Today marked the 12th straight day with above average temperatures and we’ll add another Saturday. But late Saturday, low pressure approaches from the southwest, initially bringing light rain. And by early Sunday morning, that light rain may mix with and change to snow. Sunday - for a change - looks wintry, with morning snow (or rain/snow mix south) and chilly temperatures.
Through Tonight: No weather worries at all. Just a few clouds and chilly temperatures. Overnight lows range from near 30 in the colder suburbs to the mid-to-upper 30s downtown. Winds are light.
Saturday: We awake to some sunshine, but clouds lower and thicken by afternoon. There’s a 20-40% (east to west) chance of light rain by late afternoon, with highs 45-50. Winds are from the north at 5-10 mph.
Saturday night: Patchy light rain is likely (60-70% chance), possibly mixing with and changing to light snow by morning. The best chance of a changeover is north and west of the District. Lows range from 32-37 (lowest northwest and highest from the District to the southeast). Little or no snow accumulation is likely.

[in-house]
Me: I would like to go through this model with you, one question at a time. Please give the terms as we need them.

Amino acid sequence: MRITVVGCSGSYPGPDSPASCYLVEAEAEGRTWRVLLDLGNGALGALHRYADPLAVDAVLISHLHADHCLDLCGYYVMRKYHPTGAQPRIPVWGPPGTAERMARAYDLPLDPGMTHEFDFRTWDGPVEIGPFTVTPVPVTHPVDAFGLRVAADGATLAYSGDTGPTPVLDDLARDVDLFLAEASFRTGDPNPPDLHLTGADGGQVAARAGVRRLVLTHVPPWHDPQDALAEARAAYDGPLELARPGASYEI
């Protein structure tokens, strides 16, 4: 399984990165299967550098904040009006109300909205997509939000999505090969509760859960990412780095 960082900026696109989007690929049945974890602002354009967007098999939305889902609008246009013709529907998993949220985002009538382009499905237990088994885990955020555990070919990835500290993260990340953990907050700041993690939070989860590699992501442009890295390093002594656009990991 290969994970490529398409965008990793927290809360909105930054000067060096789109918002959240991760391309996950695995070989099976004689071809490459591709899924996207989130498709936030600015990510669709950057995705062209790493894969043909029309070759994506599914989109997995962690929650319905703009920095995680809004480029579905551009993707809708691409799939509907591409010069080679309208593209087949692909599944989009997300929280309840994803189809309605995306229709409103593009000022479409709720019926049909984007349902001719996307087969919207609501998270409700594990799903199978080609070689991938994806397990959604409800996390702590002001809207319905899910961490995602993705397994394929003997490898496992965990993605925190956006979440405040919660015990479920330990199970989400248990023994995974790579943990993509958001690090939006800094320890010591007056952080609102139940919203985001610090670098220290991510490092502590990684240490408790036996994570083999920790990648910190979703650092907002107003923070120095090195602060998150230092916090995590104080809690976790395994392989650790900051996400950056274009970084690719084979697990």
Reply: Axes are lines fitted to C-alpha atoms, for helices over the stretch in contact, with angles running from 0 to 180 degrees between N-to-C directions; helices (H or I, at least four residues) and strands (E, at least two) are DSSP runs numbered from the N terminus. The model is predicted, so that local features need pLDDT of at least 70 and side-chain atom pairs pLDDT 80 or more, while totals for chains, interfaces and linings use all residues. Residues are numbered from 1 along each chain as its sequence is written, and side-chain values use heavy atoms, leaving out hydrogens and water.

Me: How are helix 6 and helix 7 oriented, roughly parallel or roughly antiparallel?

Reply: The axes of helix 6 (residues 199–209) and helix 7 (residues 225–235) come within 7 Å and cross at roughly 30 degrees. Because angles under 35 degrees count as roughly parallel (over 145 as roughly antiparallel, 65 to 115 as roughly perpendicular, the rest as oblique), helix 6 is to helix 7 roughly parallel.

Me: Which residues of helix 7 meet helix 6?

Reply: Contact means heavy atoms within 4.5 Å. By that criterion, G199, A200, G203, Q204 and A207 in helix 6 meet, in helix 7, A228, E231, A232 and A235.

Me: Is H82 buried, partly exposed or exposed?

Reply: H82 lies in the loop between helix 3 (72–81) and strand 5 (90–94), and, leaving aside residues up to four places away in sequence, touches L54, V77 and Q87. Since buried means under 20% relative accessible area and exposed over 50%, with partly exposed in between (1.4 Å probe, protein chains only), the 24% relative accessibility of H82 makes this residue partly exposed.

Super Bowl Sunday: Snow (north and west of the District) or a rain/snow mix (from the District and south and east) is possible (50-60% chance) in the morning before precipitation tapers off in the afternoon. The best chance of accumulating snow is in Loudoun and Frederick counties. Elsewhere, a light coating on grassy areas (if that) is more likely. Temperatures are chilly, with highs 35-40 (lowest northwest and highest from the District to the southeast).
Confidence in the Sunday snow forecast is low. For more details, see our earlier post. Note: We will post an update with an accumulation graphic this evening before 11:15 p.m.
Colorado snow amounts: A powerful winter storm continues to belt eastern Colorado and the central Plains. (The remnants of this storm will bring us the mix of precipitation discussed above). Through mid-afternoon local time, Denver had received about 11” of snow but several locations in the mountains had already piled up 20-35”. Get the latest totals from the National Weather Service.